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In a landmark 5-4 ruling, the Supreme Court has made same-sex marriage legal in the United States. That means marriage equality has come to all 50 states, including the 13 states where same-sex marriage is illegal.
Today's ruling covers four cases from Kentucky, Michigan, Ohio, and Tennessee, in which the courts in each respective state asked to uphold marriage bans. In the Supreme Court's opinion, Justice Kennedy writes that the history of marriage is one of "continuity and change" and that the times have changed to meet the needs of gays and lesbians in the country. Marriage between straight couples doesn't differ from marriage between same-sex couples, so upholding laws that discriminate against them is unlawful:
No union is more profound than marriage, for it embodies the highest ideals of love, fidelity, devotion, sacrifice, and family. In forming a marital union, two people become something greater than once they were. As some of the petitioners in these cases demonstrate, marriage embodies a love that may endure even past death. It would misunderstand these men and women to say they disrespect the idea of marriage. Their plea is that they do respect it, respect it so deeply that they seek to find its fulfillment for themselves. Their hope is not to be condemned to live in loneliness, excluded from one of civilization’s oldest institutions. They ask for equal dignity in the eyes of the law. The Constitution grants them that right. The judgment of the Court of Appeals for the SixthCircuit is reversed. It is so ordered.
President Obama took to Twitter swiftly to respond to the watershed decision:

However, the dissenting opinions in today's ruling were given plenty to room to air their grievances. Chief Justice Roberts, as well as Justices Thomas, Alito, and Scalia all argued that the ruling was unconstitutional, and that the power to lift marriage bans should be left with the states. Scalia even went out of his way to state that who people choose to marry doesn't even matter to him, but the debate concerning how marriage should function in America today should be allowed to continue without the Supreme Court's interference.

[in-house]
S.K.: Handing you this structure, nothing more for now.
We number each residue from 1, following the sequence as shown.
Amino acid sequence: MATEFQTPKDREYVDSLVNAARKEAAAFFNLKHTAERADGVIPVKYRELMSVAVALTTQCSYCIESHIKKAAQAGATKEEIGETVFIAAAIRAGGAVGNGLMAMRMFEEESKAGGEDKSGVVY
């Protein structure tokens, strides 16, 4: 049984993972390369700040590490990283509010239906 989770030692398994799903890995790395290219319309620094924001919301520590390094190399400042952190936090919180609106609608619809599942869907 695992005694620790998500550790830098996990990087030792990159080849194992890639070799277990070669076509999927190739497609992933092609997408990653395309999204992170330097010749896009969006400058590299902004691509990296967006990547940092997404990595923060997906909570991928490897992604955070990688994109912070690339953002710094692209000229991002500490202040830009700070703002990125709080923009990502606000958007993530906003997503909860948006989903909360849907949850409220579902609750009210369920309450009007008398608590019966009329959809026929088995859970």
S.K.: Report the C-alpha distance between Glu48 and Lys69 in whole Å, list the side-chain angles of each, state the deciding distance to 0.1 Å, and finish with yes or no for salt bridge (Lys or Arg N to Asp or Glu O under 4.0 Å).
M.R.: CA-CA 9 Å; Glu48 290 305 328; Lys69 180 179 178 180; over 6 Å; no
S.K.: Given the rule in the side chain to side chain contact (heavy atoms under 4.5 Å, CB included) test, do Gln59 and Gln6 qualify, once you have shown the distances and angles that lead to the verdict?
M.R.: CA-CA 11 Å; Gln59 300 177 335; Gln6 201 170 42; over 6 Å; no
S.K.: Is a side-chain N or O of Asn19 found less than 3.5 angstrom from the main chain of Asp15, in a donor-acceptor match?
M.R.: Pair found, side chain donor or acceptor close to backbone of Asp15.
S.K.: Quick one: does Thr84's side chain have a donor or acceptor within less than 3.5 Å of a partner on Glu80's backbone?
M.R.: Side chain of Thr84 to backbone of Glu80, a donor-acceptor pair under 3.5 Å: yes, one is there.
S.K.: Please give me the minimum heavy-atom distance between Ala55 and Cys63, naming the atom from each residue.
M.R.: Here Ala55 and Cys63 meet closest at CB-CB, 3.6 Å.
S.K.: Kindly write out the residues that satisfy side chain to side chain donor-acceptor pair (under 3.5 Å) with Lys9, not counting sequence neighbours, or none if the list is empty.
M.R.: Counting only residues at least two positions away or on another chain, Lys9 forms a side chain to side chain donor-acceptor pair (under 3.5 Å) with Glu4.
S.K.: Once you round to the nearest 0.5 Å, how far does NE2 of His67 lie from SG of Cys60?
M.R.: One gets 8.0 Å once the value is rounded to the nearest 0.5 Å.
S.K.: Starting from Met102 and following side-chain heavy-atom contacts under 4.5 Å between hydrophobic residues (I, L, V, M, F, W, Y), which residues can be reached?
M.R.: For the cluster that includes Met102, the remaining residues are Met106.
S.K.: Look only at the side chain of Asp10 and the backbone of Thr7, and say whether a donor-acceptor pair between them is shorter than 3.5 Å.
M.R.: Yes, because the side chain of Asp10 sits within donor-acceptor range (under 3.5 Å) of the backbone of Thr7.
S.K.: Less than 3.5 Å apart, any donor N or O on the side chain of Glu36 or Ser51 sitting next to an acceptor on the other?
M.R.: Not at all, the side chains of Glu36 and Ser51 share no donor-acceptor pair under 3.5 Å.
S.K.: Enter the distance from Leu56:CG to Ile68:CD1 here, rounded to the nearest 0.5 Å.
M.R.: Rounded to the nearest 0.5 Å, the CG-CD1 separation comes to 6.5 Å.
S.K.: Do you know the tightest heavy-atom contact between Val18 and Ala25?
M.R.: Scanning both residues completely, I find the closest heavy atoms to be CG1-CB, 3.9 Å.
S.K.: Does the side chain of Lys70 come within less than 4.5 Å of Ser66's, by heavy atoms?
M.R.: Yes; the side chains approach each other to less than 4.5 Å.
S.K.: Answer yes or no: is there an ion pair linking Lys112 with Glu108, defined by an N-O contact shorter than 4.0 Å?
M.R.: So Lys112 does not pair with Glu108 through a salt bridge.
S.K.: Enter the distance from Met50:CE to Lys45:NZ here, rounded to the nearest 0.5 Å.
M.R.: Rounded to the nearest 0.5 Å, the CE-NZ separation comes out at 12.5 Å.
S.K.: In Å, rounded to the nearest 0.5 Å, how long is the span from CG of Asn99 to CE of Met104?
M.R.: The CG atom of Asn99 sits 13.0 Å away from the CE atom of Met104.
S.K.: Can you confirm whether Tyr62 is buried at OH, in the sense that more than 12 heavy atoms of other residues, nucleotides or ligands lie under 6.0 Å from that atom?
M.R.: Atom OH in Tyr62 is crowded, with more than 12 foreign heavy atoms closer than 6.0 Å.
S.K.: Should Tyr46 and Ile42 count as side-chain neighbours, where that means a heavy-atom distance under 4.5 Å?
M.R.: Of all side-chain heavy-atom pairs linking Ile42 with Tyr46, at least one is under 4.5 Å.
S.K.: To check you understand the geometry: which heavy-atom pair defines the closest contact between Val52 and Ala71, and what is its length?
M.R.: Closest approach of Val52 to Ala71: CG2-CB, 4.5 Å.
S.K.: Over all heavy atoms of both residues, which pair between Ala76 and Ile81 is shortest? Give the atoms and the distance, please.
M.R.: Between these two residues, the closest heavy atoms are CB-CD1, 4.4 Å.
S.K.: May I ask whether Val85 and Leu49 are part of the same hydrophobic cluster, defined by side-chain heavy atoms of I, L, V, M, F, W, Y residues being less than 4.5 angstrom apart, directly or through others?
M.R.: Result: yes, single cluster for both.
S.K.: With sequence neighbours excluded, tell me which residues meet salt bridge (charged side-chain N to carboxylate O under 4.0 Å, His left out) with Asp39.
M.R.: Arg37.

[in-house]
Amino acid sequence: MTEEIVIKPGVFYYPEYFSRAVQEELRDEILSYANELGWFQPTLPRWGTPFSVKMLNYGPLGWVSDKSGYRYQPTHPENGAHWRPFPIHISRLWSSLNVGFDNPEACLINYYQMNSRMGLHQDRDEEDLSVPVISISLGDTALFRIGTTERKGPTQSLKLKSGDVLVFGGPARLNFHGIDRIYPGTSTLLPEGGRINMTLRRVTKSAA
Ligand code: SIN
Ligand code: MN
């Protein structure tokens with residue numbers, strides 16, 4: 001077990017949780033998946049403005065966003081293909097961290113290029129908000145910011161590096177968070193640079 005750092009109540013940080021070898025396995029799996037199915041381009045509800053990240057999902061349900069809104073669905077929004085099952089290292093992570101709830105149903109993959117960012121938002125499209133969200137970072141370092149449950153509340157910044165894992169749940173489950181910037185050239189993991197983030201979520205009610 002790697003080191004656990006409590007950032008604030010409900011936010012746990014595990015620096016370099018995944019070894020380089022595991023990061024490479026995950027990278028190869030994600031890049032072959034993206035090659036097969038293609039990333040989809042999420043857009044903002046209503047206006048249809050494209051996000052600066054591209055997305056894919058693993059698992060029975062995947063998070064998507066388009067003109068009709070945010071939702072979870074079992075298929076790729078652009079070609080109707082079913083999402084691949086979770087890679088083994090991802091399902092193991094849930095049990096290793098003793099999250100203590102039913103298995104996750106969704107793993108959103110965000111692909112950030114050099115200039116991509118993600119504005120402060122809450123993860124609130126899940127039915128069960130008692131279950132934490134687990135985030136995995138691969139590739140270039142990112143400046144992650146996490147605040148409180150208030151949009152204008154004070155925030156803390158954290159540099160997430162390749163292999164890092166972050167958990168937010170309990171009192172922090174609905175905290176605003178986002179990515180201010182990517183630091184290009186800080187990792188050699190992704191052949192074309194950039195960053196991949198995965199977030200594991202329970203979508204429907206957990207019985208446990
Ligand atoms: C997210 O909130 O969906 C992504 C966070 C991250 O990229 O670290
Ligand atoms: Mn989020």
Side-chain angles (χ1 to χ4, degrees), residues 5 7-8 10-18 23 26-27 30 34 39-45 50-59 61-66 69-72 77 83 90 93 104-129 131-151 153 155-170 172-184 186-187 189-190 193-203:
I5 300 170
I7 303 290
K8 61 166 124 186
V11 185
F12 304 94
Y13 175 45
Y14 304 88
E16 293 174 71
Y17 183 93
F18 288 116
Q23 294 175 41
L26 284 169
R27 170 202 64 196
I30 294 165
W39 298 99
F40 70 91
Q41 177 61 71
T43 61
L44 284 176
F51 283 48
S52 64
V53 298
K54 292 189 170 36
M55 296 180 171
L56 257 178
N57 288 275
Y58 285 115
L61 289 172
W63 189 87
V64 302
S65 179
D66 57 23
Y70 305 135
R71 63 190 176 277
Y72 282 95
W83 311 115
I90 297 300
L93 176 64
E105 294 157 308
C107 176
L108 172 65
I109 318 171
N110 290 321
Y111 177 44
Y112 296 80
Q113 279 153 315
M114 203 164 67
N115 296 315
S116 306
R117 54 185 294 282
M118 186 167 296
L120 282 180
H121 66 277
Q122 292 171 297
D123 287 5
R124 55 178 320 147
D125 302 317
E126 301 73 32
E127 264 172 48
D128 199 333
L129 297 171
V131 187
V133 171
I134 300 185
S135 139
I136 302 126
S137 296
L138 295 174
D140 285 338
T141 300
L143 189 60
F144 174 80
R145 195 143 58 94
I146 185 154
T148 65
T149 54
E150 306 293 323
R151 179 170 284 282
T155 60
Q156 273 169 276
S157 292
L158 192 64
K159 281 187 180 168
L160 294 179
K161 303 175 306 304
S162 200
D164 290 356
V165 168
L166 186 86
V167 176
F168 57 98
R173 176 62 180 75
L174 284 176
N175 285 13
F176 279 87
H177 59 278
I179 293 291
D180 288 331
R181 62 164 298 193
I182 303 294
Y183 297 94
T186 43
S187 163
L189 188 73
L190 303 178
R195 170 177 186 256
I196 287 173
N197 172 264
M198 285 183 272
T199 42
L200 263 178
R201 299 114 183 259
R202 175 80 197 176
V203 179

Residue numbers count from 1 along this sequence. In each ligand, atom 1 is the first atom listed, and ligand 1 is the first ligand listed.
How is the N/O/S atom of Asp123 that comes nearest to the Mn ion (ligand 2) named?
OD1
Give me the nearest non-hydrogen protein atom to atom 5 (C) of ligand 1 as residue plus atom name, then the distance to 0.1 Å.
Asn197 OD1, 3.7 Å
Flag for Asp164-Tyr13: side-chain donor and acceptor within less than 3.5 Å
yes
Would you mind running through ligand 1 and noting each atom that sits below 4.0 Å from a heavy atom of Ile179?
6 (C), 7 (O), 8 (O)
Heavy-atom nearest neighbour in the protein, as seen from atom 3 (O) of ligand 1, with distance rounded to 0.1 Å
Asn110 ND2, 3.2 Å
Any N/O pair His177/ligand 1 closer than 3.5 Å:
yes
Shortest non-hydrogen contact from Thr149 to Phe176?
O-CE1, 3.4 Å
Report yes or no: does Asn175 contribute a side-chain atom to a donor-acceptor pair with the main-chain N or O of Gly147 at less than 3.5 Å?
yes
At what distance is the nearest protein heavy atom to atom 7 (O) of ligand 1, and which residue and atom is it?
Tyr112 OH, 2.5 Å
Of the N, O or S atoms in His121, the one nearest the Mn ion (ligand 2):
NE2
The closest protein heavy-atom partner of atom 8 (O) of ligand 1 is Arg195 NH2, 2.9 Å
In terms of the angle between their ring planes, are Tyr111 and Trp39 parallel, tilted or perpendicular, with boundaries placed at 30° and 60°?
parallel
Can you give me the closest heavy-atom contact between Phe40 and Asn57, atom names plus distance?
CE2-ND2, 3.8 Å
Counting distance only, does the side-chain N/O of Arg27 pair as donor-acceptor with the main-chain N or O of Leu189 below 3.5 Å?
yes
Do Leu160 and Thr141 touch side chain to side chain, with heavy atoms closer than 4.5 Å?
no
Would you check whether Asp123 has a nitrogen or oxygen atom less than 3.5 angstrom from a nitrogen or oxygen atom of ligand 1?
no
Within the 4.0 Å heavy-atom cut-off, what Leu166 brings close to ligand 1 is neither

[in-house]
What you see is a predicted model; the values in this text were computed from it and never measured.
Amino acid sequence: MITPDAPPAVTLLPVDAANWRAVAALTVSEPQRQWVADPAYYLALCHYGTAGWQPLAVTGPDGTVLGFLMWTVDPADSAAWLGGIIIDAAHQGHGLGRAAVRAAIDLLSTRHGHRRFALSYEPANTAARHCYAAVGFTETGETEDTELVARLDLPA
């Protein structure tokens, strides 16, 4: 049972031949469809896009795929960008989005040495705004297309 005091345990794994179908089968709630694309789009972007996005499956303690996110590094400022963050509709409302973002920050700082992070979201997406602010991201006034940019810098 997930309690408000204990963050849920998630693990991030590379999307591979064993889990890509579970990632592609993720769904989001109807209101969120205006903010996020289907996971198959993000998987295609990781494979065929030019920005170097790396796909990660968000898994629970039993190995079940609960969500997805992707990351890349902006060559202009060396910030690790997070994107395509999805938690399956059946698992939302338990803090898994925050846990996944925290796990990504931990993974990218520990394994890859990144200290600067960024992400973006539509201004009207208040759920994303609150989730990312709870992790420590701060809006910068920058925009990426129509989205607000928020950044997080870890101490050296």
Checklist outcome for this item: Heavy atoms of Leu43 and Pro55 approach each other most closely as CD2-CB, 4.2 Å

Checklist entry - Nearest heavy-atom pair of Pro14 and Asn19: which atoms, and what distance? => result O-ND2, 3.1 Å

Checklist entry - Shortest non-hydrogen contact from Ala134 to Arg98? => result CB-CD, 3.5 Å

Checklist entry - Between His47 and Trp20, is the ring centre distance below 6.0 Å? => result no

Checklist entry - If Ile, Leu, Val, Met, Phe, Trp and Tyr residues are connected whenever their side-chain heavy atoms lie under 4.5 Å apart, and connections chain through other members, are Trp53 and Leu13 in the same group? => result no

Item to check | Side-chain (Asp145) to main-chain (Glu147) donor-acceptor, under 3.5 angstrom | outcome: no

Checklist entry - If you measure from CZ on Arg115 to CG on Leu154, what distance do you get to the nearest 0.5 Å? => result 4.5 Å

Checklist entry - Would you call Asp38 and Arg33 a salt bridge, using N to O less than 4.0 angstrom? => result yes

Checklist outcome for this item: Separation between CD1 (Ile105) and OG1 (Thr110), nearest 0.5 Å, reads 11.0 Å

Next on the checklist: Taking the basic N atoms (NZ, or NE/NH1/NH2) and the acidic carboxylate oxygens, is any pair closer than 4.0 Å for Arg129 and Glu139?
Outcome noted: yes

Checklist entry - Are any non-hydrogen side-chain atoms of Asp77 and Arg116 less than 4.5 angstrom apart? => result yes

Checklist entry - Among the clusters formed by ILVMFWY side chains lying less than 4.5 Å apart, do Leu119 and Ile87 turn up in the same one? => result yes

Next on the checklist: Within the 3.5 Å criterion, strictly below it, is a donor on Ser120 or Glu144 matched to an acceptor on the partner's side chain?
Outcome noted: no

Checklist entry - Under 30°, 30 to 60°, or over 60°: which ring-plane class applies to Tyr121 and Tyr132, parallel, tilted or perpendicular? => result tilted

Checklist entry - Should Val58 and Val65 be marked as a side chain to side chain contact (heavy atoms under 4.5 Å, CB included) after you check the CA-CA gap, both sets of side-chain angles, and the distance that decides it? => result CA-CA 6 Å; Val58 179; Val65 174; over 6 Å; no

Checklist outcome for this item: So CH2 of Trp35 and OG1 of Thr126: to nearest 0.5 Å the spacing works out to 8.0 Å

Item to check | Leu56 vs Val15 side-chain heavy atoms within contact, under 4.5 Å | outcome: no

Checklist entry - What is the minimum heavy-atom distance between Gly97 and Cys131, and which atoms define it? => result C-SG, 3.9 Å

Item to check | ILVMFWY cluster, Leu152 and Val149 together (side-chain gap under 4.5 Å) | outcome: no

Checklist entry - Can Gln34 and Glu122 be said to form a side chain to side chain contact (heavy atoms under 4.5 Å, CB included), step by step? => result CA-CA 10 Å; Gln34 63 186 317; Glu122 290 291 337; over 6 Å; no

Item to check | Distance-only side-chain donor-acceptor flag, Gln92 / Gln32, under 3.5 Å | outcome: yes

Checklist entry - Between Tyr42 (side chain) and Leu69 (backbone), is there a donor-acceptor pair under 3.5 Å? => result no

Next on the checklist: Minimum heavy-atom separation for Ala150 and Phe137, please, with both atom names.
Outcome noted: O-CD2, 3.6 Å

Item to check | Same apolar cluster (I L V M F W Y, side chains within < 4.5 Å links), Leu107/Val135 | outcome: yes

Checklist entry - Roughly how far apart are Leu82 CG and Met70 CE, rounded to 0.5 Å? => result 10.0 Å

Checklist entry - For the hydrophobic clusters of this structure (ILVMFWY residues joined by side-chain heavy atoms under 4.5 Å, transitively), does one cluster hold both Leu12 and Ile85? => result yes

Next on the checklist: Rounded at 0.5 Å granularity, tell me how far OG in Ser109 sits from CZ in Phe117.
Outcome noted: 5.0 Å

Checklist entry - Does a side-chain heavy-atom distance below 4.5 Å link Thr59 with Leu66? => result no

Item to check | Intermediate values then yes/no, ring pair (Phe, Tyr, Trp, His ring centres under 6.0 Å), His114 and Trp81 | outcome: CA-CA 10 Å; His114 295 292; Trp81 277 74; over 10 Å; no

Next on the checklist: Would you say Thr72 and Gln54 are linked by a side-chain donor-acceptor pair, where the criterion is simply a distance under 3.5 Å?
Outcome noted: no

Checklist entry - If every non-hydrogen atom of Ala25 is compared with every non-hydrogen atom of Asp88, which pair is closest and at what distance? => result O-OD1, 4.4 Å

Despite dissenting opinions, this was inevitable
While the debate may continue as states like Kentucky briefly resist today's ruling, there's no question that the Supreme Court's decision finally brings about the sweeping change activists have demanded for decades, and that most of America has come around to in recent years.

72jay



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Such Awesome News

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I know!  Isn't it incredible!  I went to the doctor's the other day and I was actually able to update my information to "wife" rather than "significant other".  Now I'm actually identifying my wife as my wife when people ask who she is.   Like the guy painting my house asked me - who is Michele?  And I said "my wife".  which, I don't think I would have done if not for this law being passed.  There is something about a constitutional right that makes one feel legit.

72jay



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I actually meant to check back in here sooner.

Wow .. thats great to hear Admin!!

Just curious since you said your wife....
Did you get married in one of the states where same sex marriage became legal before the Supreme Court decision? or did you get married right after it happened?

Either way congrats!

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Thanks for the congrats!  We got married in Canada about 10 years ago.  Been together 30 years!!!!!!!!!!!!

From what I understand marriage in Canada "counts".  Just have to figure out how to make sure the government knows we're married once the dust settles!


72jay



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Ahh yes.. Canada was way ahead of the US there! I remember the news when they legalized. At that time I wondered if/when it'd eventually happen here (so many backwards & hatefull laws, I figured it'd be a long time, but here we are :) )

Being together for 30 years is awesome :cool: congrats on that too!

Really no idea how it works, but I would assume you just have to show proof - your Canadian marriage license? - to your local state/county/city government office.


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